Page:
Principles of Political Economy

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Ginn, 1919 - Economics - 588 pages
 

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Page 61 - By preferring the support of domestic to that of foreign industry, he intends only his own security; and by directing that industry in such a manner as its produce may be of the greatest value, he intends only his own gain; and he is in this, as in many other cases, led by an invisible hand to promote an end which was no part of his intention.
Page 474 - By necessaries I understand, not only the commodities which are indispensably necessary for the support of life, but whatever the custom of the country renders it indecent for creditable people, even of the lowest order, to be without.
Page 564 - As soon as the land of any country has all become private property, the landlords, like all other men, love to reap where they never sowed, and demand a rent even for its natural produce.
Page 121 - A great part of the machines made use of in those manufactures in which labor is most subdivided were originally the inventions of common workmen, who, being each of them employed in some very simple operation, naturally turned their thoughts towards finding out easier and readier methods of performing it.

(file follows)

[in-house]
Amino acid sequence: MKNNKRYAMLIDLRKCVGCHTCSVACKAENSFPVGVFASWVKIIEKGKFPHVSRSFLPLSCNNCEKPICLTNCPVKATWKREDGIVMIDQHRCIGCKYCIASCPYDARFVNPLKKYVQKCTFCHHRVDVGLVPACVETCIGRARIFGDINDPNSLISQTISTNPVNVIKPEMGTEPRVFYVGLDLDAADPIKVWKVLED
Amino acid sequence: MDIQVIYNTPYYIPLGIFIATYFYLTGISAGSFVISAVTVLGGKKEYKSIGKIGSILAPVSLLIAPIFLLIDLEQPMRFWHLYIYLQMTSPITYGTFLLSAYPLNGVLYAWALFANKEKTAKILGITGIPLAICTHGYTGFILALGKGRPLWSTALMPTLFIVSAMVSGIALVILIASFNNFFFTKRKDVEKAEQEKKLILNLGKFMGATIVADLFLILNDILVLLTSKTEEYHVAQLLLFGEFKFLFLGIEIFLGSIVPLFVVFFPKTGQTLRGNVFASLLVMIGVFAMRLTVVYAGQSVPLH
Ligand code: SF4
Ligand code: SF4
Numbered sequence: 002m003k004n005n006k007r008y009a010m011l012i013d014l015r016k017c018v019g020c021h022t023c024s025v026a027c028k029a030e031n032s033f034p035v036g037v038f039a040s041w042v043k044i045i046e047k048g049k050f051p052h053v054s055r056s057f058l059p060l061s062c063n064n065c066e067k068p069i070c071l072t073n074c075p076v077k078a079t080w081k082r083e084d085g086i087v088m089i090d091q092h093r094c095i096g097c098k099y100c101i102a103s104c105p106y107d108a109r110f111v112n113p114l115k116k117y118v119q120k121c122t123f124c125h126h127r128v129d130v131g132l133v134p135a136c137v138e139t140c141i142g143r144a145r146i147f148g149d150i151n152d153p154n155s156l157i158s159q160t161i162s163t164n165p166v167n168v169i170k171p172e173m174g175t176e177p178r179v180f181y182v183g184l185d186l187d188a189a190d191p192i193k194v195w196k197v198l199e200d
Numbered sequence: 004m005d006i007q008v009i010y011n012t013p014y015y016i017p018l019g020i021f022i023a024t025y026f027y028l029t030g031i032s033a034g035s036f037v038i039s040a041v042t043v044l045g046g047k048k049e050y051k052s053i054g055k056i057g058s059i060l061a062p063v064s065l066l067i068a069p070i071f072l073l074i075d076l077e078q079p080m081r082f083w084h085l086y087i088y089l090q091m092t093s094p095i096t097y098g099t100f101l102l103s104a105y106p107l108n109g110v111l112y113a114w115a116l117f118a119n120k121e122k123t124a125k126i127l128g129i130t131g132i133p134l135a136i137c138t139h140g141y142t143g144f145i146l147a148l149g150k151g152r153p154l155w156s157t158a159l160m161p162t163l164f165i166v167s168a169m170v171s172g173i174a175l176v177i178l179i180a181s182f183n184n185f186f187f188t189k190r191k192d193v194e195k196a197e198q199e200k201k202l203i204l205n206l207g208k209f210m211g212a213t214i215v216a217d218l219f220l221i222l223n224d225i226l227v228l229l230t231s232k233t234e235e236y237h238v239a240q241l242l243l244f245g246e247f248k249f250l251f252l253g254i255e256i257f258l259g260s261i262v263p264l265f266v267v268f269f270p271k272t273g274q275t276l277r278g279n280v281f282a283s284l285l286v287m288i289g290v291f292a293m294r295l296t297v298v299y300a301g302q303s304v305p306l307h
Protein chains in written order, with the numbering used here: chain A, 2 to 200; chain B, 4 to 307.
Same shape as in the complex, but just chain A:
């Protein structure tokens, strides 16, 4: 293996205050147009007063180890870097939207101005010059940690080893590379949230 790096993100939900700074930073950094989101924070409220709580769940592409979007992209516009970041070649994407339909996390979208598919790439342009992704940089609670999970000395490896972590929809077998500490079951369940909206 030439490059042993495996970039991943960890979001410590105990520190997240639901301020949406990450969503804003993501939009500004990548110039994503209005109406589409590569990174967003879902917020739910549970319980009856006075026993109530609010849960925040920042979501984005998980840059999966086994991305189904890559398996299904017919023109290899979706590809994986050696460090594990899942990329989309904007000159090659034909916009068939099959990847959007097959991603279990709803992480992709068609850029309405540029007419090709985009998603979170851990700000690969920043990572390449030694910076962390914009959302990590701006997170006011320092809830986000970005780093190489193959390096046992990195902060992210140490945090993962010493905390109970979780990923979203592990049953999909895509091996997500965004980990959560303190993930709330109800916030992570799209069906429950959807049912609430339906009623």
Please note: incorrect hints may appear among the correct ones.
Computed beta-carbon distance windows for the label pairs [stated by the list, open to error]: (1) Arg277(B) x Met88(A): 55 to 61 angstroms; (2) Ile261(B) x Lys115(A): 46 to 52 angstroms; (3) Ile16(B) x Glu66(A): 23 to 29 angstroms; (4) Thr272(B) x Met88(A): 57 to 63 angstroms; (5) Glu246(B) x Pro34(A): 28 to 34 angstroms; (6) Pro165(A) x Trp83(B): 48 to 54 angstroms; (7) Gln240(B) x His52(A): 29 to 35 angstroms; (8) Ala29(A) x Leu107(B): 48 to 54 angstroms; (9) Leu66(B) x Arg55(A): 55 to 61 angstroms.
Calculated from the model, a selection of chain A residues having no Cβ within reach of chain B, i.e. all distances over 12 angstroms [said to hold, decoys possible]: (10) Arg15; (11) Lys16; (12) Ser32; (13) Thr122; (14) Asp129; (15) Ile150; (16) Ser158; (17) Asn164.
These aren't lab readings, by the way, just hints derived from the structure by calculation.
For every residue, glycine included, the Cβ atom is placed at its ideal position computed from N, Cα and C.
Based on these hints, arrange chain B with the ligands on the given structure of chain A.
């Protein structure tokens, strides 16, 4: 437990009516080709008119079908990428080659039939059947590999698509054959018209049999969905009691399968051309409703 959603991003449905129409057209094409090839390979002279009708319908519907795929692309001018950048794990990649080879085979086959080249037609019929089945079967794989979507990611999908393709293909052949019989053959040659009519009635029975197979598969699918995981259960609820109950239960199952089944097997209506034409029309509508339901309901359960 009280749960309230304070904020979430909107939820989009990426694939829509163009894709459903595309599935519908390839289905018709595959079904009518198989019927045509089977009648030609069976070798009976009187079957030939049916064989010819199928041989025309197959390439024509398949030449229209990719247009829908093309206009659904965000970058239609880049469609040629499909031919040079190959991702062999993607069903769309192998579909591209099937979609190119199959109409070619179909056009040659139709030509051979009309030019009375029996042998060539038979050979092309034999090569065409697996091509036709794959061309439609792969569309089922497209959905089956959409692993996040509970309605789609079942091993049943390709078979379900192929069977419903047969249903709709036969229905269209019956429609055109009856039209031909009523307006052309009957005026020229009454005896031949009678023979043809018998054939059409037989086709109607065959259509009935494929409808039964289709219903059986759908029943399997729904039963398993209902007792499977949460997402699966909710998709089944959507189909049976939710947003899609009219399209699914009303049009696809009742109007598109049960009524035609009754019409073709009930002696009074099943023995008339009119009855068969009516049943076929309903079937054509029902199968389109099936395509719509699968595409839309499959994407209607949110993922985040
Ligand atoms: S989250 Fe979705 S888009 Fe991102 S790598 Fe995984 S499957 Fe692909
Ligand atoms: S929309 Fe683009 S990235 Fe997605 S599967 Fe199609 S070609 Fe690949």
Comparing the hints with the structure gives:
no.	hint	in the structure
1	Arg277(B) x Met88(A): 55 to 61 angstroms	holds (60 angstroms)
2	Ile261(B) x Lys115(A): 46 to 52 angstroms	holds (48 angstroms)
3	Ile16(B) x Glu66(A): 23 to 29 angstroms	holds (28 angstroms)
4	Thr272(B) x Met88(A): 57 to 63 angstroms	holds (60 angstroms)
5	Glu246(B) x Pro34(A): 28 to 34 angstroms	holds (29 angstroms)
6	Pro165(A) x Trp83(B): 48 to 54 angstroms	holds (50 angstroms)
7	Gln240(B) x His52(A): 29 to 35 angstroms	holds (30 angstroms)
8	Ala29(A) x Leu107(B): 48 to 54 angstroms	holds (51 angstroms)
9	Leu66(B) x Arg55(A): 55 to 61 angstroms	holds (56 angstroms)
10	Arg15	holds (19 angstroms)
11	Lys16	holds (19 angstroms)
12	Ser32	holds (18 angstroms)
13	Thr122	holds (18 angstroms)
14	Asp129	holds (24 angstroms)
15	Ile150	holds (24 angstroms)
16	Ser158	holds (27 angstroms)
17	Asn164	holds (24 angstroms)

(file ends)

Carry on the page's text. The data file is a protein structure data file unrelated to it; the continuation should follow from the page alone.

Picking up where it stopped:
Page 257 - In the same class must be ranked some both of the gravest and most important, and some of the most frivolous professions; churchmen, lawyers, physicians, men of letters of all kinds ; players, buffoons, musicians, opera singers, opera dancers, &c.
Page 258 - Like the declamation of the actor, the harangue of the orator, or the tune of the musician, the work of all of them perishes in the very instant of its production.
Page 255 - Men of all sorts take a pride to gird at me: the brain of this foolish-compounded clay, man, is not able to invent any thing that tends to laughter, more than I invent, or is invented on me : I am not only witty in myself, but the cause that wit is in other men.
Page 257 - The labour of the latter, however, has its value and deserves its reward as well as that of the former. But the labour of the manufacturer fixes and realizes itself in some particular subject or vendible commodity, which lasts for some time at least after that labour is past.
Page 257 - ... is bestowed. But the maintenance of a menial servant never is restored. A man grows rich by employing a multitude of manufacturers; he grows poor by maintaining a multitude of menial servants.
Page 257 - Thus the labour of a manufacturer adds generally to the value of the materials, which he works upon, that of his own maintenance, and of his master's profit. The labour of a menial servant, on the contrary, adds to the value of nothing.

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